Brazil wheat making strides in global markets amid Russia-Ukraine conflict

SAO PAULO: Brazil is poised to register record wheat shipments for January as local suppliers continue to fill the void left by major exporters Russia and Ukraine because of the ongoing war, industry sources told Reuters.
The combination of a bumper harvest and production hiccups in Argentina due to a drought also bolstered Brazilian exporters, particularly in Rio Grande do Sul, the country’s biggest wheat producer, they said.
Based on shipping schedules, the National Association of Cereal Exporters (Anec) projected wheat exports at 803,800 tons for January.
If confirmed, the volume will represent a new historic high for the month, compared to the previous record of 695,900 tons registered in January 2022, according to Anec data.
“Brazil is a big producer and exporter of grains. As you earn credibility from the soybean trade, you begin to expand to other products,” Anec Director-General Sergio Mendes told Reuters.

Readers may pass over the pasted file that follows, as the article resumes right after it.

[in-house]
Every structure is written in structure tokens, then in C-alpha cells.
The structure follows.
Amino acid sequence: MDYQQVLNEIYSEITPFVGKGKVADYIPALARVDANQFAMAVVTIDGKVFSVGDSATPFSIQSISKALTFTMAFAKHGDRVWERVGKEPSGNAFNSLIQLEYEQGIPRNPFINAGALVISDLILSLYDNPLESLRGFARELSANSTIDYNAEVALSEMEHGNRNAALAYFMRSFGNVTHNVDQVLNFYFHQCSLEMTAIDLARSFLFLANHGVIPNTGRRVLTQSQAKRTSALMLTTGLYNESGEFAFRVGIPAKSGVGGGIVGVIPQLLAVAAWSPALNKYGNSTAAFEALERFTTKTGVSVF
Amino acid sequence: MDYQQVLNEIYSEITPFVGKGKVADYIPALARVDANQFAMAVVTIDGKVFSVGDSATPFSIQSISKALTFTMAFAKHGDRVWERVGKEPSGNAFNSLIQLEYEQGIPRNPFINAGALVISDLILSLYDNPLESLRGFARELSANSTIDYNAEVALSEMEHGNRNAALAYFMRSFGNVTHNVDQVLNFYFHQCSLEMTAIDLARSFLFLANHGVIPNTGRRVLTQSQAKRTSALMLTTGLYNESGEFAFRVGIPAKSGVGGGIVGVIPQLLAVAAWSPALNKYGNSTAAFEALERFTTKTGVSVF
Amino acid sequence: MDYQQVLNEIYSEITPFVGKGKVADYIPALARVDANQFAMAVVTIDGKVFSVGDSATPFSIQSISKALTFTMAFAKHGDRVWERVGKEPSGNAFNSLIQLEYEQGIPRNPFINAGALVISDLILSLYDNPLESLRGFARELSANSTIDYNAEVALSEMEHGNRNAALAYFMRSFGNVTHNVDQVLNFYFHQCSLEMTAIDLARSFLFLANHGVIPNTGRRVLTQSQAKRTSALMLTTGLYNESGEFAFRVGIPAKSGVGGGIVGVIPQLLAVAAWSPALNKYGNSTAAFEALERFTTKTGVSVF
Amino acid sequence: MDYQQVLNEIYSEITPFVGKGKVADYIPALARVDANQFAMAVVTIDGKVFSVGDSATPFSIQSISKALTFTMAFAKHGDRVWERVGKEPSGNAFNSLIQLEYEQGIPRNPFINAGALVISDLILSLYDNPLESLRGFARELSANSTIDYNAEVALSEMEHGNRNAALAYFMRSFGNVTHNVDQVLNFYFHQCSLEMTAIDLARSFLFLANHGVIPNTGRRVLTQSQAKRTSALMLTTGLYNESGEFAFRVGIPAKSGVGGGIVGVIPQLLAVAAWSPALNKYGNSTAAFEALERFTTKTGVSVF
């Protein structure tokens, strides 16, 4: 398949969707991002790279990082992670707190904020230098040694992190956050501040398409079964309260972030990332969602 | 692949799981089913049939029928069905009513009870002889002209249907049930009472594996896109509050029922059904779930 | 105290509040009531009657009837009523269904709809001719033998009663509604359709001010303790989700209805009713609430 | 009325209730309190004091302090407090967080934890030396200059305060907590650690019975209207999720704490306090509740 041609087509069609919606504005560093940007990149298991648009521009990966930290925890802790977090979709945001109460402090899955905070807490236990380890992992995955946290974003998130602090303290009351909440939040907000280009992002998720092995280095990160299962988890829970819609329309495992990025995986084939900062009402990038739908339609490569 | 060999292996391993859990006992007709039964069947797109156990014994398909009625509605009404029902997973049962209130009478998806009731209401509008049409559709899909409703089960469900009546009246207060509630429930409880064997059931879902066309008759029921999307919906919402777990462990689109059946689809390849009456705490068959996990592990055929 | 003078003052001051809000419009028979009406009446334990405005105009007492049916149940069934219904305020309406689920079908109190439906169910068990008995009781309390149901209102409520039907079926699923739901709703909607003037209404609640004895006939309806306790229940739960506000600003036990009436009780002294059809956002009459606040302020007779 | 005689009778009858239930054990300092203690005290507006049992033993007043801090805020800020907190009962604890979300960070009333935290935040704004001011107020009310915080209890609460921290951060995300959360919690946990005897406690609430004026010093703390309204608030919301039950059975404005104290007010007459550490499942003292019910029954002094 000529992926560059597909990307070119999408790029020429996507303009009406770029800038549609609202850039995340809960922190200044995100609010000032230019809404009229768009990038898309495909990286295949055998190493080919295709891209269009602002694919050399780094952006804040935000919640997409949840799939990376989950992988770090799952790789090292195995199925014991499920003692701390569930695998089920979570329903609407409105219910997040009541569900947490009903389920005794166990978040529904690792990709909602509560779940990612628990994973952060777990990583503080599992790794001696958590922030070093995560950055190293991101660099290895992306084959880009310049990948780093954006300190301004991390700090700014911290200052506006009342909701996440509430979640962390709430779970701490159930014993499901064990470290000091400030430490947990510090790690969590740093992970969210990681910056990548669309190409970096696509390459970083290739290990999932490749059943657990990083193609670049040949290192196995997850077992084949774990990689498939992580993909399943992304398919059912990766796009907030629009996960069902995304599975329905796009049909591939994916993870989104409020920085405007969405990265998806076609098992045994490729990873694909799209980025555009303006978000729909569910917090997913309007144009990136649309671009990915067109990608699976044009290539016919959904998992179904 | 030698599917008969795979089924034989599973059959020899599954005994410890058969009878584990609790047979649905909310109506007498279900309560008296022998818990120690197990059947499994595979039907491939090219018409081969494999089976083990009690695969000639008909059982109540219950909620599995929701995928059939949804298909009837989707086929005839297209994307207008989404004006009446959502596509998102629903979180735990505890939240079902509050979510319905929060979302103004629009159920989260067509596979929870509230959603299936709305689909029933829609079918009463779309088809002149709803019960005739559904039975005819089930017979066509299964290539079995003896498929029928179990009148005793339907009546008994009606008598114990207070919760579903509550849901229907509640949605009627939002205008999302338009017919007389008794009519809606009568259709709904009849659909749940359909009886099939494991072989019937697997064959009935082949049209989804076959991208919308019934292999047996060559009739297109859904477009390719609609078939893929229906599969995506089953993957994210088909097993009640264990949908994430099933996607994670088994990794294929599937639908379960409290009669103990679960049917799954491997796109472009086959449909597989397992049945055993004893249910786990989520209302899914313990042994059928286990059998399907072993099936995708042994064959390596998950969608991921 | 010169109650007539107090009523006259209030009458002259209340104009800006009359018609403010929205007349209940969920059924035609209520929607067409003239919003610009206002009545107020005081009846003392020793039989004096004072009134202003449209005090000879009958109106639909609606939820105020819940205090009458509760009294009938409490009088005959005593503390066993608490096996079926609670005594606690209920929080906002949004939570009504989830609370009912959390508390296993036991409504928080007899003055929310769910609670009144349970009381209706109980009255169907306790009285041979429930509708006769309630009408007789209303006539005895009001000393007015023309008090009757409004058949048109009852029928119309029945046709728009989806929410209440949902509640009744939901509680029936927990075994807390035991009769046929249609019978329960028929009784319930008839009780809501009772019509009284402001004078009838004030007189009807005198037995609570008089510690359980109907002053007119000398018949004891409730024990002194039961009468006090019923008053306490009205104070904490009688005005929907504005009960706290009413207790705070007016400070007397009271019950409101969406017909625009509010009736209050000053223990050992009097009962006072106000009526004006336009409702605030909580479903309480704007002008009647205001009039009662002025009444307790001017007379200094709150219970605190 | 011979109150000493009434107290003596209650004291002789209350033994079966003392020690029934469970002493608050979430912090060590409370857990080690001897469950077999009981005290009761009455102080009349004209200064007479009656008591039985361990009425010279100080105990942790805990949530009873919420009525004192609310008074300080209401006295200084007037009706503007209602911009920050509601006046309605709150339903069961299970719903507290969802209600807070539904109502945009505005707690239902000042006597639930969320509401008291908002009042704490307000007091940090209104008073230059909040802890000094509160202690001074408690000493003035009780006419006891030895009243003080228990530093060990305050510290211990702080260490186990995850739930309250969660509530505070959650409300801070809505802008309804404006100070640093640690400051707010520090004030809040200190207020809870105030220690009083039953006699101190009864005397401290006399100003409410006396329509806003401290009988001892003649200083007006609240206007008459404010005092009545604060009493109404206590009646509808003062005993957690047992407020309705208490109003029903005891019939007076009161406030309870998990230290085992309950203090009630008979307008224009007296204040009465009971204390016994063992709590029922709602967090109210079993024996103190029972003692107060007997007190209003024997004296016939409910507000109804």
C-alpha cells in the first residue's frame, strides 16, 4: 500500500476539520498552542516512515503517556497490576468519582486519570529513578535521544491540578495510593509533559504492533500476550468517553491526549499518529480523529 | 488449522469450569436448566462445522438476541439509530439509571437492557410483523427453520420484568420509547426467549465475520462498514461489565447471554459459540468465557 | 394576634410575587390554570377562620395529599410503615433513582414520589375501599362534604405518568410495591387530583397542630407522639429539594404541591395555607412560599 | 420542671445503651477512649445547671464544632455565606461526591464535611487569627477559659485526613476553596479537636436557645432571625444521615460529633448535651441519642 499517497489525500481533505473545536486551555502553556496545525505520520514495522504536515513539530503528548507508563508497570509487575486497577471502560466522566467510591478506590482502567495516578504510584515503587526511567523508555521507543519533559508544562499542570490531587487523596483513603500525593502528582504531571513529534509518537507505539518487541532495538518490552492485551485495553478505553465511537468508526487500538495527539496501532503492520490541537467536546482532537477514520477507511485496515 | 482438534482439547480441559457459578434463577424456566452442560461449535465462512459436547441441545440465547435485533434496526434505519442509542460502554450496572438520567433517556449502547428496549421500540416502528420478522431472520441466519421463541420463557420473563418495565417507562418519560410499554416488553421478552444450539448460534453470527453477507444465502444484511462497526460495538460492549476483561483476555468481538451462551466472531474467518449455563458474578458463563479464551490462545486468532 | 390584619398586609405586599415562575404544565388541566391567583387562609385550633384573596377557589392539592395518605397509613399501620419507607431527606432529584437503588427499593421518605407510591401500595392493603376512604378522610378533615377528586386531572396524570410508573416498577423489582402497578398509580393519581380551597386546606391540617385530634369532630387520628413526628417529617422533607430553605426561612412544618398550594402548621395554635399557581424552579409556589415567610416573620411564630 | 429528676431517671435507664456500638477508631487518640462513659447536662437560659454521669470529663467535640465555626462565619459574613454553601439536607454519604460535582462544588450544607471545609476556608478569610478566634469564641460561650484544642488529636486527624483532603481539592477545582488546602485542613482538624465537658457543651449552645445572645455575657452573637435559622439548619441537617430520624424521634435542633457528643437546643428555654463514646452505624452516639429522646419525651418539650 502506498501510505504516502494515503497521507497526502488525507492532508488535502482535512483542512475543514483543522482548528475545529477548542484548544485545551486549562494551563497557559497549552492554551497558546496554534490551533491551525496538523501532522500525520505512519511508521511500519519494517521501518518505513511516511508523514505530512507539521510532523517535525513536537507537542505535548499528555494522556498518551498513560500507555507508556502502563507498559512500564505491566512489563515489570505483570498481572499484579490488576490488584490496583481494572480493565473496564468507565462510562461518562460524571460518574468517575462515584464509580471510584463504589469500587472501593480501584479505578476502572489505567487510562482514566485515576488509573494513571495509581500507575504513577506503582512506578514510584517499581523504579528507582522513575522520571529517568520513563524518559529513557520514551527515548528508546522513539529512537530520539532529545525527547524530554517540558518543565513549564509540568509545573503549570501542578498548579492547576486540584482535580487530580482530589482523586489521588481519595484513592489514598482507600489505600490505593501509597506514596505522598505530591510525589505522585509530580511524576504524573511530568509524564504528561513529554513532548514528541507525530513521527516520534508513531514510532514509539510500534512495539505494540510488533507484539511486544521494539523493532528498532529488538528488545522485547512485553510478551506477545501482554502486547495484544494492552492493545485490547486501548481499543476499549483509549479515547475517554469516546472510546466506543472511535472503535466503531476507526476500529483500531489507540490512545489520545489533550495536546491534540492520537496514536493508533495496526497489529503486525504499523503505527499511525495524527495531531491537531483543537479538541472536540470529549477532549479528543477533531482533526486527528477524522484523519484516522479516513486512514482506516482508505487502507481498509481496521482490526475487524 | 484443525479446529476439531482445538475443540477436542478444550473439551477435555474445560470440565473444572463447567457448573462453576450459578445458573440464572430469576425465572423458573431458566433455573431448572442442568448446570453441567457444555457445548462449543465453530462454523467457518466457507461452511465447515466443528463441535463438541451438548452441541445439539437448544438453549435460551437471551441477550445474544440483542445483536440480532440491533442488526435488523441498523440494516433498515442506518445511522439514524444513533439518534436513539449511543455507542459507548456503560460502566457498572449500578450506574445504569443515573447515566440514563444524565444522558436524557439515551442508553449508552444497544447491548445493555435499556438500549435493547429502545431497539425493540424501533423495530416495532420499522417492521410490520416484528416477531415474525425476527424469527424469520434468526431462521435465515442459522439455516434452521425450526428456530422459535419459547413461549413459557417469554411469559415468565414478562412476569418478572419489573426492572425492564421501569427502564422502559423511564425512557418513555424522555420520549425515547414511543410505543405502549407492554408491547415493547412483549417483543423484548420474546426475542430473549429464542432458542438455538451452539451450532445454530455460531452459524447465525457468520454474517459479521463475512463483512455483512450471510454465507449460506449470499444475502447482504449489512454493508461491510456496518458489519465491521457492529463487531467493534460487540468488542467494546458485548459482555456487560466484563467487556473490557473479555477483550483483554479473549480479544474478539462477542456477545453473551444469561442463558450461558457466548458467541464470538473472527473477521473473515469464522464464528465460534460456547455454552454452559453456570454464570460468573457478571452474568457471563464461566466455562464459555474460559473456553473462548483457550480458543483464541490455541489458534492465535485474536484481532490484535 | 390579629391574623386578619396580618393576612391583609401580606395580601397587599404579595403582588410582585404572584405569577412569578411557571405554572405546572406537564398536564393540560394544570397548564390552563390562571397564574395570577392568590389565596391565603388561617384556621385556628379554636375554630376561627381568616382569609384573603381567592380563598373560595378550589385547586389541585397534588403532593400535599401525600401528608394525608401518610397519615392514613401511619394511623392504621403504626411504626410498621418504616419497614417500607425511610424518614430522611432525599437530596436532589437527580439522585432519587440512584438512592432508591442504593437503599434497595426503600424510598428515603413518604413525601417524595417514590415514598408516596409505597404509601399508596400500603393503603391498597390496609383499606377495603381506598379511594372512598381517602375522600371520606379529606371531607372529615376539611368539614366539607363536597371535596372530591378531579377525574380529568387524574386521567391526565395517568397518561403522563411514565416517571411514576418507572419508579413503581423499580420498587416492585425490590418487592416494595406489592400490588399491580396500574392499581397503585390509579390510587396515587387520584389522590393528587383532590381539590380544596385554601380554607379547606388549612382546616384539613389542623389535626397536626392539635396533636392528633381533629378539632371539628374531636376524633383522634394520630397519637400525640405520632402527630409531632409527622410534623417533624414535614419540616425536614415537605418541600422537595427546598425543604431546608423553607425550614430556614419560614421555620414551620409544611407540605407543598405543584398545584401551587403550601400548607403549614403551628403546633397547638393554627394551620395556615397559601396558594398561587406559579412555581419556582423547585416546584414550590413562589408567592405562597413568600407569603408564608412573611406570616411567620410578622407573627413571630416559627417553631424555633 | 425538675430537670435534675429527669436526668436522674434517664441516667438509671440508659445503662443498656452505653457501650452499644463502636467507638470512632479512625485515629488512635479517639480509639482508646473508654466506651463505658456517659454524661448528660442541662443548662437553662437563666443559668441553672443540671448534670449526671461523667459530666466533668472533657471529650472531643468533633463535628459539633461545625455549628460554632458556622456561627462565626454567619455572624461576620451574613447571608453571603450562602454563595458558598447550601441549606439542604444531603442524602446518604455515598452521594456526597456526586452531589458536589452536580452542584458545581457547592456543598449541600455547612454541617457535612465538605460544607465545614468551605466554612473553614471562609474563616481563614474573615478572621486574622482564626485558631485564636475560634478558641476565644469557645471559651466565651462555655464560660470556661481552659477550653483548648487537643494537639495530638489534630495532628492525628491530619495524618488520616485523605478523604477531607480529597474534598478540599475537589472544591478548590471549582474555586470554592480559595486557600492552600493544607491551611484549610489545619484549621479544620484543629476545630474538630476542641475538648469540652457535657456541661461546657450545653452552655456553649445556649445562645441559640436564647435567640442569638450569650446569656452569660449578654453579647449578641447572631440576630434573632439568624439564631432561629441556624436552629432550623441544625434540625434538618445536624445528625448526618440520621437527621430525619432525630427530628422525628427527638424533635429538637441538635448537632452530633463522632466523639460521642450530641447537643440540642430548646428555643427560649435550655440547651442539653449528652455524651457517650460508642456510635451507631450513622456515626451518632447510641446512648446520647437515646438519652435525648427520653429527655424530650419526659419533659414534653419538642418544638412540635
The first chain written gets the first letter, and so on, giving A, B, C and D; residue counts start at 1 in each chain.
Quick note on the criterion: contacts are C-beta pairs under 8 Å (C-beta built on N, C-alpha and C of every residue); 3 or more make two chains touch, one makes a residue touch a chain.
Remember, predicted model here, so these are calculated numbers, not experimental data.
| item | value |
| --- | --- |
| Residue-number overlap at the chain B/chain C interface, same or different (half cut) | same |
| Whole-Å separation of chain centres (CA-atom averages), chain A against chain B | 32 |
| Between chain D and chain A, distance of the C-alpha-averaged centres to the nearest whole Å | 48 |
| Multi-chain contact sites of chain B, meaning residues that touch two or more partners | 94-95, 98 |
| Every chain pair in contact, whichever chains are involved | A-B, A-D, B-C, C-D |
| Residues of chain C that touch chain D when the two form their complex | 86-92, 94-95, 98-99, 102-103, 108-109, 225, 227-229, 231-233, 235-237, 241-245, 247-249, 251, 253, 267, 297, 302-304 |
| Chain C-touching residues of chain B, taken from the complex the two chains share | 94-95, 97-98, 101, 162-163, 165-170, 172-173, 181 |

According to Mendes, grain importers see Brazil as a reliable supplier, and this favors exporters.
Indonesia, Saudi Arabia and Sudan buy around 50 percent of Brazilian wheat exports. Vietnam is also a prominent buyer, Mendes noted.
“The maintenance of shipments to these countries with whom we maintain good commercial relations leads to the belief that things are progressing,” Mendes said about Brazil’s inroads in global markets.
StoneX, a consultancy, projects Brazilian shipments of 3 million tons of wheat for the 2022/23 season, from August 2022 to July this year, stable from the previous cycle’s record.
Brazil’s growing wheat exports, however, still pale in comparison to Ukraine’s 13 million ton export estimated by United States Department of Agriculture for the 2022/2023 season.
Over the entire 2022/23 July-June marketing season, world top exporter Russia faced complications to sell wheat because of Western sanctions.
But despite Russia’s involvement in the war, its wheat export forecast for 2022/2023 is estimated at 44.1 million tons, representing a 10 million ton rise from the previous cycle, according to SovEcon agriculture consultancy.

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